Randy Edsall: Core of Maryland team trusts my philosophy


Maryland Coach Randy Edsall is confident his players are firmly behind him despite a rocky 2-6 start in his first season in College Park. The Terps host Virginia on Saturday. (John McDonnell/THE WASHINGTON POST)
November 1, 2011

Maryland Coach Randy Edsall on Tuesday said unequivocally that he believes the core of his team trusts in his philosophy and he urged the Terrapins’ fan base to remain loyal despite the team’s 2-6 record.

Edsall, who in recent weeks has stressed the importance of players trusting in him, was asked if, at this point, he had indications of that trust — during what has been a disappointing first season as Maryland’s head coach.

“Yeah, no question,” Edsall said. “All you have to do is go out and watch practice and see how the guys are out there practicing. You go out and watch the kids in the games and they are playing hard and doing the things they are supposed to do.”

When then asked if the media could watch practices, which have been closed during the regular season, Edsall said: “No, you guys can’t come. I don’t want you giving away secrets.”

Despite an uphill climb to qualify for a bowl game — the Terrapins must win all four of their remaining games — Edsall said he will not panic and that he has fun every day because of the enthusiasm and excitement shown by players in practice. But there have been growing pains.

The team rules imposed by Edsall when he was hired in January have been the subject of much public debate. When asked the difference between Edsall and former coach Ralph Friedgen, fifth-year senior Maurice Hampton said: “Just the rules. He’s doing everything right. Take your hat off when you come in the room. Don’t wear earrings in the building.

“You never know who you are going to meet in life and whether you are rubbing them the wrong way. Show someone that you have character and are not just another guy. I get it. But everyone doesn’t get it. They are mad because, ‘Oh, I have to take my earrings out’ or ‘I can’t wear this in the building or I have to pull my pants up or tuck my shirt in.’ None of these things are wrong. They are all right.”

Another one of Edsall’s hallmarks has been his “no excuses” mantra. Considering that, a reporter asked Edsall if he could concede that playing so many freshmen on an injury-depleted defense has made things more difficult.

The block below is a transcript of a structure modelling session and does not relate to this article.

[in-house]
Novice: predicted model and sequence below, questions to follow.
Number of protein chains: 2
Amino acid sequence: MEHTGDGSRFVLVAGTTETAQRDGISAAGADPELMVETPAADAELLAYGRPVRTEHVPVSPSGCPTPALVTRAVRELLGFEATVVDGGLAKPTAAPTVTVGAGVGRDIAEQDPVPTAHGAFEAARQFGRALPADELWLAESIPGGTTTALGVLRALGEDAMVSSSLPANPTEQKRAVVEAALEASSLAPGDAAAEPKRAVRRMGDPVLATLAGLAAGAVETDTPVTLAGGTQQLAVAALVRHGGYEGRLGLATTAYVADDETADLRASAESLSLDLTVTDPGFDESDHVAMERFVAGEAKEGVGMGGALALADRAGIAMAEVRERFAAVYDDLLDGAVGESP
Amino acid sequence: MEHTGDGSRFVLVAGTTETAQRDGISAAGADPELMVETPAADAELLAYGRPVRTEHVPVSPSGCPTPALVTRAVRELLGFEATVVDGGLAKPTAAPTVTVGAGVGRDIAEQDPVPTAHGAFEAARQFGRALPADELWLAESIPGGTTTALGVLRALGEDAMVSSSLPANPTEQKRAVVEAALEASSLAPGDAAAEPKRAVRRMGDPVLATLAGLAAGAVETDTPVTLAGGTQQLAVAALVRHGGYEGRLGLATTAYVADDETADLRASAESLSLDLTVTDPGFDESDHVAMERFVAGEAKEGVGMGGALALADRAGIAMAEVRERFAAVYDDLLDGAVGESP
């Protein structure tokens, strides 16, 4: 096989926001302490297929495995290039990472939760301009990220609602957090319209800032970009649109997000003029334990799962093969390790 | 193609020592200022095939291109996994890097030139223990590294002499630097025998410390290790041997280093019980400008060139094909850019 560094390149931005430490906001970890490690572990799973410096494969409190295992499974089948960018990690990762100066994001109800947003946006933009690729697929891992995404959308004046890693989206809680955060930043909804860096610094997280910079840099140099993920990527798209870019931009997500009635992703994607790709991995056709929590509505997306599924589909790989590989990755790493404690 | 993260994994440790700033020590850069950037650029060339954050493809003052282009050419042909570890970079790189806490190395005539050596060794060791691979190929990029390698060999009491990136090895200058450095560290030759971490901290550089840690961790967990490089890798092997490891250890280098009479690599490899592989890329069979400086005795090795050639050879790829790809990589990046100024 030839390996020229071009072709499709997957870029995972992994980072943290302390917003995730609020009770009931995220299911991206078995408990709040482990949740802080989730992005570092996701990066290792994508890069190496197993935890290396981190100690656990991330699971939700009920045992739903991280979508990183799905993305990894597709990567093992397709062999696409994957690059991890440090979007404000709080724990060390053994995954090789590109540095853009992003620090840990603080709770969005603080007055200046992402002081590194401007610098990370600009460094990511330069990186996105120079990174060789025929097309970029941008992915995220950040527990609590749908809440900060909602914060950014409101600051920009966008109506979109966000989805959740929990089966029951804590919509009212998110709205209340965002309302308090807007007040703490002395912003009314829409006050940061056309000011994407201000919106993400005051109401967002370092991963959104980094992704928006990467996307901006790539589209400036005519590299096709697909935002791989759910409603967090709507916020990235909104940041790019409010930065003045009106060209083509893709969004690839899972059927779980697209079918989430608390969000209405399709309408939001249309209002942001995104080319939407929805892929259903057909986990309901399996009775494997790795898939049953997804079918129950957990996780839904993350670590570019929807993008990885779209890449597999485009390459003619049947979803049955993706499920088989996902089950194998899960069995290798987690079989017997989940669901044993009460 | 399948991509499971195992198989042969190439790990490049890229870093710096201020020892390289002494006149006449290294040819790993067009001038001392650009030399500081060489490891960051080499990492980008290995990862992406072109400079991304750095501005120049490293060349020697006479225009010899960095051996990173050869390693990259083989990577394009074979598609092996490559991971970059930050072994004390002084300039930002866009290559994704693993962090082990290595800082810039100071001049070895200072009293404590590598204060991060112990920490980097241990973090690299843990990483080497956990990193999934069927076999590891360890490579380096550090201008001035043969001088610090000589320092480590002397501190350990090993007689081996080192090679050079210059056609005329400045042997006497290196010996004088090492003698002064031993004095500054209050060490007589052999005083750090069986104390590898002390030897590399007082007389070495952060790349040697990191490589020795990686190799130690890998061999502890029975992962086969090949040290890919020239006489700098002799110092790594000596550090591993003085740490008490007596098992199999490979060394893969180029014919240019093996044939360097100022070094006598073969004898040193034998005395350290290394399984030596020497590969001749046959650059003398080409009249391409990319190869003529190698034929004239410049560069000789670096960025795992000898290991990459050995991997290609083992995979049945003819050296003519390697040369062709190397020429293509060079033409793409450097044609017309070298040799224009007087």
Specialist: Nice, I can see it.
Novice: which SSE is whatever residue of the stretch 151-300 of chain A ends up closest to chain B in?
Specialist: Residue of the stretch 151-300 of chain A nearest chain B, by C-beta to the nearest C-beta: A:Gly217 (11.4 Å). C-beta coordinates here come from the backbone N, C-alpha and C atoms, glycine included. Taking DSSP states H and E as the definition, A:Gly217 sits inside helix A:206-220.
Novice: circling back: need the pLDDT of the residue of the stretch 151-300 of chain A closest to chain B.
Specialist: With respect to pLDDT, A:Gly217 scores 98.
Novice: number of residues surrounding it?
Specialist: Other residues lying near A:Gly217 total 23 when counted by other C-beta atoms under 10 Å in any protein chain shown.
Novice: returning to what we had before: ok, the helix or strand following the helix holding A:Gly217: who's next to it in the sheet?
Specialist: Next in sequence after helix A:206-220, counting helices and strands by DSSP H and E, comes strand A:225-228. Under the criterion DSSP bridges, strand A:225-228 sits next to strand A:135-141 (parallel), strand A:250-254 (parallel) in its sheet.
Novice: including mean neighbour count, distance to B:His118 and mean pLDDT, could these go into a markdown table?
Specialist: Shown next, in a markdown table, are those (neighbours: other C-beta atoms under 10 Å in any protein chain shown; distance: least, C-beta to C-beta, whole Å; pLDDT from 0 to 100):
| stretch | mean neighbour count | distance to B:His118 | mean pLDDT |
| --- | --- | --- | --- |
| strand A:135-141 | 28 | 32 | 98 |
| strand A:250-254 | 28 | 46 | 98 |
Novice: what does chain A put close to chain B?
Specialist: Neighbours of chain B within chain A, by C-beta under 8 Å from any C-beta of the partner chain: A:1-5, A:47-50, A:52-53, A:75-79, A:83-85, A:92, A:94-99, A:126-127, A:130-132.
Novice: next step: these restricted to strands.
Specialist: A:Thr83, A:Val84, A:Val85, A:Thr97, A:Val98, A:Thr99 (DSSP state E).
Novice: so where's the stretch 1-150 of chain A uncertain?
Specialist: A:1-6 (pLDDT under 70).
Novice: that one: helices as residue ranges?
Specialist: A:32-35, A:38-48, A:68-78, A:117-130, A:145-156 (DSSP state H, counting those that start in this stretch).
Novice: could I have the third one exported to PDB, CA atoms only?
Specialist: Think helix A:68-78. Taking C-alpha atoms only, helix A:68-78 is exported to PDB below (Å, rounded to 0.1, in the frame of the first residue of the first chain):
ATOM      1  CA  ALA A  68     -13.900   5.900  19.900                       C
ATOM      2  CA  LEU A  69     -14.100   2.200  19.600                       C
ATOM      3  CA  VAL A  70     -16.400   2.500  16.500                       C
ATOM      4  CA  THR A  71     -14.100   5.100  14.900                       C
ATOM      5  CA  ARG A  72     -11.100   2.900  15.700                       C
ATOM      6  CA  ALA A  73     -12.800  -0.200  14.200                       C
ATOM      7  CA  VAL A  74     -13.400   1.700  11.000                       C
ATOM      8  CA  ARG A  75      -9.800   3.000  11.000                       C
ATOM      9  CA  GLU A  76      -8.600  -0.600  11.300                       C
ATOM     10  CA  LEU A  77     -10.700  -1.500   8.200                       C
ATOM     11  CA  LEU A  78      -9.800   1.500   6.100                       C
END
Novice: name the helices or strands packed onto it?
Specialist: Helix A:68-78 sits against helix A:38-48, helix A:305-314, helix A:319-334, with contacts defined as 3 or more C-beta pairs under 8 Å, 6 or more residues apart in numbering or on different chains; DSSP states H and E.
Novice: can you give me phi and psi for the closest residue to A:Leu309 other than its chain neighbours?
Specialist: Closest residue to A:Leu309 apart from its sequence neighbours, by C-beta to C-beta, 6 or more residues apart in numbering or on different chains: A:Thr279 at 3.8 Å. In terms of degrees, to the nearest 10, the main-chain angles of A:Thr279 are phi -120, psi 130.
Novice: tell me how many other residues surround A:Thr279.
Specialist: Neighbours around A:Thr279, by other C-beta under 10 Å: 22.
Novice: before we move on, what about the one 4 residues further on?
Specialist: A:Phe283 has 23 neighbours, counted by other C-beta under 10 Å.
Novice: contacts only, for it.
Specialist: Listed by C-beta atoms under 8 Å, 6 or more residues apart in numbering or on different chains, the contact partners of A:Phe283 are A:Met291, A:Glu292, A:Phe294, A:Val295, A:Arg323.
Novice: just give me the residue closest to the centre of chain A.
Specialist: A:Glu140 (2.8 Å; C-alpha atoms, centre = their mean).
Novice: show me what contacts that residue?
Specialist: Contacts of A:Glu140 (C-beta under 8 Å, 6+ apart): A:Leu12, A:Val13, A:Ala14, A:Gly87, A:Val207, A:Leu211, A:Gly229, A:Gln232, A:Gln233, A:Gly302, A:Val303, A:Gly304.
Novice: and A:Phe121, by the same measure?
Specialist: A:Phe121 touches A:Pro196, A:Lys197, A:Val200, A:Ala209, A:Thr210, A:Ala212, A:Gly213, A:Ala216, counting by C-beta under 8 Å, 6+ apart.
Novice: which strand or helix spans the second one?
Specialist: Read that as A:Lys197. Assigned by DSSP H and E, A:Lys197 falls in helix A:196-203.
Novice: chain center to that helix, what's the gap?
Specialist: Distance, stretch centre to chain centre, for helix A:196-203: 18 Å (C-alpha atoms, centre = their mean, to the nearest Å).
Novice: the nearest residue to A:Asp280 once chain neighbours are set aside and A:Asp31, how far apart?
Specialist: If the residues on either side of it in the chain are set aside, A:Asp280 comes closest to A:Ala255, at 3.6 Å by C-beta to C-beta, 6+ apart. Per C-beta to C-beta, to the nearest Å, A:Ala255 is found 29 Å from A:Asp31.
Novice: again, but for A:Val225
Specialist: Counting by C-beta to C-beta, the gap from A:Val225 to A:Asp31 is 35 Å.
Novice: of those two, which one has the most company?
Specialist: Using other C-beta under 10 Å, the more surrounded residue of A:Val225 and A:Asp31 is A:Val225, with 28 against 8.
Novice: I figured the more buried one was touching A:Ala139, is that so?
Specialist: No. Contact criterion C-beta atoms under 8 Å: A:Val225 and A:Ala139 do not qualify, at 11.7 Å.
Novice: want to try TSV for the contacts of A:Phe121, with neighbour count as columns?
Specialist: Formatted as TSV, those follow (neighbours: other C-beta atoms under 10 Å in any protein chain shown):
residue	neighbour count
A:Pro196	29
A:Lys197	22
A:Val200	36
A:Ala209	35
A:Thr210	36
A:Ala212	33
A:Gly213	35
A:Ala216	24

“You know, I am really glad that you brought that up,” Edsall said. “I wish you would write that, because if you write it and say it, then I can’t get blamed for it. Okay. . . . But, hey, we are going to go out there and do the things that we can do and play as hard as we can play with the people we have.”

Among the challenges that Edsall faces this season is maintaining support of a fan base that appears to have grown restless. Recent struggles, an unattractive opponent and near-freezing rain and snow resulted in no more than 10,000 fans turning out at Byrd Stadium on Saturday to witness Maryland’s 28-17 loss to Boston College.

“If you are going to be a fan, be a fan and be out there all the time supporting them,” Edsall said. “All the kids are out there playing hard and doing the things they are trying to do to help us win . . . I’ve been an Orioles fan and it has not gone their way, but I have not dropped off the bandwagon. I think that is what true fans do.”

Maryland Athletic Director Kevin Anderson e-mailed a message to “Terrapin Nation” on Monday, saying in part that “it is during these difficult times that we need your support and attendance the most.”

Some advice for young QB

Edsall said he recently told quarterback Danny O’Brien, who has not performed as well as he did last season, to “just go have fun.” O’Brien, last season’s ACC rookie of the year, is now engaged in a week-to-week battle with C.J. Brown for the starting job.

“Some people want to make this about life and death and it’s not about life and death,” Edsall said. “It’s about going out there and enjoying the experience and playing the game. Again, I think sometimes that expectations on young people can make it tough as well. Maybe I didn’t do a good enough job of minimizing expectations for him. I think those are things we all can learn from.”

In response, O’Brien said: “I don’t want to disagree with what he says, but I have high expectations for myself and I had them last year before I played a down. That has not changed now. You can’t let that affect you.” . . .

Justin Anderson, a defensive lineman who suffered a foot injury during preseason camp, has not played in a game and is doubtful to play the rest of the season, Edsall said. If he redshirts, Anderson would have two years of eligibility remaining.

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